The American composer David Diamond would seem to have been something of a master of unfortunate timing. Holding to the indispensability of melody and traditional compositional techniques when both were thought to be in eclipse, he nevertheless remained active and even prolific, writing no less than eleven symphonies and ten numbered string quartets, among many other works.
Diamond (1915-2005) began composing at an early age, having written as an eighteen year-old a one-movement symphony that was performed at the Eastman School of Music, which he had attended. After studies with Roger Sessions in the mid-1930s he made the first of several trips to Paris, during which he met Ravel—a great and continuing influence—and studied with Nadia Boulanger, although the student-teacher relationship appears to have been difficult for both. Following successes in the 1940s, he moved to Europe in 1951 largely for political reasons and stayed there until 1965. During this period not only his political views but also his compositional style was at odds with the prevailing norms. These were the years when serialism was in ascendency in America and when more radical work by John Cage, Earle Brown, the West Coast experimentalists and others was beginning to assert an influence on musical culture as well as on the culture at large. Diamond pushed against these trends by positing a commitment to lyrical inventiveness in opposition to what he considered a conceptually-driven asceticism. With the revival of interest in tonality that began in the late 1970s, interest in Diamond’s music likewise was resuscitated. In more recent years, recording projects have made much of his work available on CD.
In the early 2000s, the Potomac String Quartet, a Washington DC chamber ensemble consisting of Steven Honigberg (cello), George Marsh and Sally McLain (violins), and Tsuna Sakamoto (viola), undertook the recording of all of Diamond’s string quartets. The collection was issued as a series of four CDs. The second volume in the set, recorded in Washington in 2001, contains three subtly contrasting quartets spanning a twenty-year period.
Although written seventy years ago, Diamond’s three-movement String Quartet No. 2 of 1943-1944 has a fresh, open sound. As with his other quartets, the Second embodies the traditional contrapuntal value of construction by independent line. The lyricism of this particular work consists in the long phrases in which its melodies are couched, their intersections and divergences giving the impression of constantly changing time signatures even as the basic pulse is never less than clear and regular. As played by the Potomac, the quartet’s forward drive is unrelenting, like an update of the contrapuntal perpetuum mobile of the Baroque. The middle slow movement is notable for having the main melody carried by the viola, before giving way to the rapidly accelerating final movement. In this quartet as in the later Ninth and Tenth, Diamond makes good use pizzicato for color and textural effects, sometimes distributing a line between bowed and plucked passages or having the cello play an asymmetrical pizzicato figure against the other three voices.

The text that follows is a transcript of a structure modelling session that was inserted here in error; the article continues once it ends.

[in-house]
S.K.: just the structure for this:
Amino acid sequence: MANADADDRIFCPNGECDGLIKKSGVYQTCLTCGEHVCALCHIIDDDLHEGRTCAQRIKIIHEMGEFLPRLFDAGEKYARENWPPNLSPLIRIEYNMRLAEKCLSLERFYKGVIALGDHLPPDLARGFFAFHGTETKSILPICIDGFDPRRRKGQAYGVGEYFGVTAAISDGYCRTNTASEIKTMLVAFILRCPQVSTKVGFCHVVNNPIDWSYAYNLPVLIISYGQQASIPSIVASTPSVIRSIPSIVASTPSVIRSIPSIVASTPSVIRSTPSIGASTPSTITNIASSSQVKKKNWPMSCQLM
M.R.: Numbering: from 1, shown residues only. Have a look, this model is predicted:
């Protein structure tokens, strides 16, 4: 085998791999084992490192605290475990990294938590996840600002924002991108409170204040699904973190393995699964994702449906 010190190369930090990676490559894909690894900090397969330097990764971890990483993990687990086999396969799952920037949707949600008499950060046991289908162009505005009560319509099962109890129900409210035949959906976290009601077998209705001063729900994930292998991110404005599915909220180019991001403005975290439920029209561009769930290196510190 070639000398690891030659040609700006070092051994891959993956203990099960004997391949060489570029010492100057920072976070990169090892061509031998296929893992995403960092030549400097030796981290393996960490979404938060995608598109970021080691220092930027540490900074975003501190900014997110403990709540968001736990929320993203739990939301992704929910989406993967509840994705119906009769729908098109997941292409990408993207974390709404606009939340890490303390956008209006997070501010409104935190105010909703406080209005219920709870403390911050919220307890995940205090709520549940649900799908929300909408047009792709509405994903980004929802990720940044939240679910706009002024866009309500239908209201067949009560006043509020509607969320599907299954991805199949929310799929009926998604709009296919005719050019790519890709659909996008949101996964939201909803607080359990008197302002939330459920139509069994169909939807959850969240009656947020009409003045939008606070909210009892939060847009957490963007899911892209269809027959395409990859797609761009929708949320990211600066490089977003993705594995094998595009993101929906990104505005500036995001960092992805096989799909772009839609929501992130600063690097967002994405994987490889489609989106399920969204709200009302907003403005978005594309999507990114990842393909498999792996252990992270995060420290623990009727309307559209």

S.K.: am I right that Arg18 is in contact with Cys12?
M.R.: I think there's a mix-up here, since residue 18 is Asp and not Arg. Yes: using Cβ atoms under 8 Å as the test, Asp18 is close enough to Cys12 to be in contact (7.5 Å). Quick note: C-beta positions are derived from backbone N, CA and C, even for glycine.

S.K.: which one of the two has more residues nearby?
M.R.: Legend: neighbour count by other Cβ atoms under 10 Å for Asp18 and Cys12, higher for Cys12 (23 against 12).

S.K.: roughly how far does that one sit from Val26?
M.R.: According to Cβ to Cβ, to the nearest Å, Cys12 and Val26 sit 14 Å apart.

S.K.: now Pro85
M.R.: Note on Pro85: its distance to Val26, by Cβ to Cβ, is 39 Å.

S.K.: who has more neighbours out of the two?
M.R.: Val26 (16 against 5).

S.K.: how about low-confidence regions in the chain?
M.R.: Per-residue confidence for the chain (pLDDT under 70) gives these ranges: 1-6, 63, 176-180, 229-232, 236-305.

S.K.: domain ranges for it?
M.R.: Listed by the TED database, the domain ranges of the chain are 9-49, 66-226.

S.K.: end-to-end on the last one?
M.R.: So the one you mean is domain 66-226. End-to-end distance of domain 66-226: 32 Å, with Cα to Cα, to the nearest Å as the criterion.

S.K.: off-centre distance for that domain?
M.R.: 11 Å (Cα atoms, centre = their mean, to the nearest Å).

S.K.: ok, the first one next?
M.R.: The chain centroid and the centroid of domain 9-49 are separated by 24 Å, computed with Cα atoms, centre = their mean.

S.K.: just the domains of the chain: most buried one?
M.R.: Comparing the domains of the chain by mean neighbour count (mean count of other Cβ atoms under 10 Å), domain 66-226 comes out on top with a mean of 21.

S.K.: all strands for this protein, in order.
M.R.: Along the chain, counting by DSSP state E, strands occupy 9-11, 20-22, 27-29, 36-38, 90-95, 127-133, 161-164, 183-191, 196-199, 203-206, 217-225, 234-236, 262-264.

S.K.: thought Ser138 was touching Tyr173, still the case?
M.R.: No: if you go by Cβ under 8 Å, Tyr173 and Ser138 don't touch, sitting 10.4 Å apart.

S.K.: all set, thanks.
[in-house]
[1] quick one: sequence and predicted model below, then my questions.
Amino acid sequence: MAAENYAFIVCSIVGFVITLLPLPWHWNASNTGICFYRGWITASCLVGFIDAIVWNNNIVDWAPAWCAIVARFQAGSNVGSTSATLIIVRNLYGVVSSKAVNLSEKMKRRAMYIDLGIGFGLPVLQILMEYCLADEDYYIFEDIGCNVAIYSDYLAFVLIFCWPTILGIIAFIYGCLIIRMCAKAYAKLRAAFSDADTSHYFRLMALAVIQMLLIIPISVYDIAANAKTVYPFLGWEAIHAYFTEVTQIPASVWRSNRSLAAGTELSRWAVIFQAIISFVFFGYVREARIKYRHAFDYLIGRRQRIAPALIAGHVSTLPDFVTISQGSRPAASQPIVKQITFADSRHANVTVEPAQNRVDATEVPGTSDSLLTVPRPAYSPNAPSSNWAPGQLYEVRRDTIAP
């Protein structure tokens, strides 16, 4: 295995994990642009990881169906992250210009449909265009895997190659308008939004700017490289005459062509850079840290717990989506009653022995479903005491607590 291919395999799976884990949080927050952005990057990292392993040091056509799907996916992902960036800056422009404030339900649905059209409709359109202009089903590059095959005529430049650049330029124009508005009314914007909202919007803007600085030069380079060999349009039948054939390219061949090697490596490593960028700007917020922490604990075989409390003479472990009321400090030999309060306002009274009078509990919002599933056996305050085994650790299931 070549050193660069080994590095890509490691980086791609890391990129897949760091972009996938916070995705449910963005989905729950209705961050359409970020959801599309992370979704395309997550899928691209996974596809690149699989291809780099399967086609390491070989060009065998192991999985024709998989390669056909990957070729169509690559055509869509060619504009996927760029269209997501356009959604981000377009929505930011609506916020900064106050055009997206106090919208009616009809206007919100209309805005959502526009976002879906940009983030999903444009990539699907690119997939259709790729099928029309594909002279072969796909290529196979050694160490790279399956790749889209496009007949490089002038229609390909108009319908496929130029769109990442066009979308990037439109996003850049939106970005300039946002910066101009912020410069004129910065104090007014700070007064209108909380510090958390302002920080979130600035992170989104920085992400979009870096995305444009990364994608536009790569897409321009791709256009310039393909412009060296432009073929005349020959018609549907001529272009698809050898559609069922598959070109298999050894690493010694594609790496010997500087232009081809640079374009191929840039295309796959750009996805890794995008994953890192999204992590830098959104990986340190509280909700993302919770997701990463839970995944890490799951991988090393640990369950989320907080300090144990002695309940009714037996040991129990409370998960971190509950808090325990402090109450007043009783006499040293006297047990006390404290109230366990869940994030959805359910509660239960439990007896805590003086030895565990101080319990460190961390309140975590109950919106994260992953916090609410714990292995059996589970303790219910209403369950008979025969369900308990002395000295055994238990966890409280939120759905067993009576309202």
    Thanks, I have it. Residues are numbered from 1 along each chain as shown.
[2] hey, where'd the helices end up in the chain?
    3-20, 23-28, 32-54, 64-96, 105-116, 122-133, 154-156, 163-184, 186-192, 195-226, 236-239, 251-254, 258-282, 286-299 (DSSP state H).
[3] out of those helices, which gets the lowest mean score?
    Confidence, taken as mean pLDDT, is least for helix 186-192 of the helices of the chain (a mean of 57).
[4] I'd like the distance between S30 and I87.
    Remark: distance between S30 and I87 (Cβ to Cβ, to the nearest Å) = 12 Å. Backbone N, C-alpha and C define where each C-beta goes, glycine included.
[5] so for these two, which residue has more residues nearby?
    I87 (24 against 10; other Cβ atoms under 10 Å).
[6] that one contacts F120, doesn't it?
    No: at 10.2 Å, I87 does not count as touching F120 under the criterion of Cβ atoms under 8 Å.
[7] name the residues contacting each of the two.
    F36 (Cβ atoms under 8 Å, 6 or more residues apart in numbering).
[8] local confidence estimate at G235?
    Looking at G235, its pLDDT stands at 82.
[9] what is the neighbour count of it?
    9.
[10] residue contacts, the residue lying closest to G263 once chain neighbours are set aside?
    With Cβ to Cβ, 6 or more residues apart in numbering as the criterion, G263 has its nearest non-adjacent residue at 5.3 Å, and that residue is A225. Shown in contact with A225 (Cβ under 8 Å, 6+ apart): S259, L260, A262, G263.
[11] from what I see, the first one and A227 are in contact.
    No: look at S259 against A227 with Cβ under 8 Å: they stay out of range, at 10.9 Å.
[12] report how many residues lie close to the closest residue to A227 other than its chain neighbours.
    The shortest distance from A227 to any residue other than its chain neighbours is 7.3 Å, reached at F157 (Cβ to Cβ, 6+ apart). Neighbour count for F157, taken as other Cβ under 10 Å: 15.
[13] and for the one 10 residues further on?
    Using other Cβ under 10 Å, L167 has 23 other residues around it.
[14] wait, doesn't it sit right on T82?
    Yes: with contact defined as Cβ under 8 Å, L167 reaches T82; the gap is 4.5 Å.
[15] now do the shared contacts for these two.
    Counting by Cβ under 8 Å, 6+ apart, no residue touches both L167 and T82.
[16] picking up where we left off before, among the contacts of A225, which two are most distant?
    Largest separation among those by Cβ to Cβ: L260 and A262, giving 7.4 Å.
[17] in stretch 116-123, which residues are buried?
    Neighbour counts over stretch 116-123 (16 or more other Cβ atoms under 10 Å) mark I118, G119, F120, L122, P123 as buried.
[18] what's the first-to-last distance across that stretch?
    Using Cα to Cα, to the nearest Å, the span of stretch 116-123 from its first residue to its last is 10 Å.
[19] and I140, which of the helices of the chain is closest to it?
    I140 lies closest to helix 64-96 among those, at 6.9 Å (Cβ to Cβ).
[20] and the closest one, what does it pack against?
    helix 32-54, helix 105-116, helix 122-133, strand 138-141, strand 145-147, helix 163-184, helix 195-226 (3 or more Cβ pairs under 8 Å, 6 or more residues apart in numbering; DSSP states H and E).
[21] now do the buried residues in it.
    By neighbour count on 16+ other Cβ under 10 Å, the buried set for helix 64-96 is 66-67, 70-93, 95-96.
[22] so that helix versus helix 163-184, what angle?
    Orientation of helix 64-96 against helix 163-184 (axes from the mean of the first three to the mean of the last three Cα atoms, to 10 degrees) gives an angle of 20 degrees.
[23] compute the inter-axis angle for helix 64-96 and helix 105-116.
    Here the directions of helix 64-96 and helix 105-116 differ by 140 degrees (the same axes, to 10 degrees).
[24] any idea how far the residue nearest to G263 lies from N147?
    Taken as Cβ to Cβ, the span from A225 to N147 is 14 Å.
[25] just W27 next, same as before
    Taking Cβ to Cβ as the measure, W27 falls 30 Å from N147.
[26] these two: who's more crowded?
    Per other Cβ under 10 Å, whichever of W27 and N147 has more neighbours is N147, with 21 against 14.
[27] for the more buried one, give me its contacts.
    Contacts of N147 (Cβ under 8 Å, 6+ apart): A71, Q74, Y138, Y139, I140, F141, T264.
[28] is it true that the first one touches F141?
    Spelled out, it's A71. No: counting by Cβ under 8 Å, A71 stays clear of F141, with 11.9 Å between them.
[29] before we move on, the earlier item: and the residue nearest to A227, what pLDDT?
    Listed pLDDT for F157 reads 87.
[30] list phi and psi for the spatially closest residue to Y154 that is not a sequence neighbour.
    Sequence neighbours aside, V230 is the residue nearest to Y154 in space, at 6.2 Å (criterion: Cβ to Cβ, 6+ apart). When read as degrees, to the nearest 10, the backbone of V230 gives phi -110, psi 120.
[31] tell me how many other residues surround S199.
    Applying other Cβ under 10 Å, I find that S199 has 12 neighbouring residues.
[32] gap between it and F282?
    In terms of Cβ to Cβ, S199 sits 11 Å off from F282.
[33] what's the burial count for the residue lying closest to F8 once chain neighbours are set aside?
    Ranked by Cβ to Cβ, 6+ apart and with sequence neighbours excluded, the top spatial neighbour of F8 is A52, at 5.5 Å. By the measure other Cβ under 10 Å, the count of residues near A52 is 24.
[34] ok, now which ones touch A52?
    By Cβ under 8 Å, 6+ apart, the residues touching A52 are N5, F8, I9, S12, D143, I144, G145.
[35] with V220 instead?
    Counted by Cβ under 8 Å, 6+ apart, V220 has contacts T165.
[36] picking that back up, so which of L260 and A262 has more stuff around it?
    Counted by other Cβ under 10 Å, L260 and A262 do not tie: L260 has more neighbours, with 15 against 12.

String Quartet No. 9 was written for the occasion of Roger Sessions’ 70th birthday in 1966 and finished two years later. As Diamond recalled, he and Sessions became quite close over the years, and if the quartet was meant as a portrait it drops hints of a complex, multifaceted personality, at least to judge by the alternation of agitated and serene passages. Overall, though, this single-movement work is somewhat darker than the second quartet, reflecting as it does Diamond’s increased use of chromaticism later in his career. Consequently the harmonies that emerge from its counterpoint are more “modern” and dissonant, but not tonally disorienting.
String Quartet No. 10 (1966), the final string quartet Diamond wrote, is a highly expressive three-movement work that wraps its Romantic gestures in a language informed by dissonance. Although at times it seems to approach a free atonality it maintains an essentially traditional sense of form: The first movement is organized around variations on a rhythmic motif, while its closing movement features a double fugue.
In a sense, Diamond’s quartets hint at a kind of alternate history of 20th century music. In this counterfactual world serialism was bypassed in favor of the further development of the freer tonality of the early part of the century, leading to a music just modern enough to be harmonically piquant and yet still retaining traditional formal structures.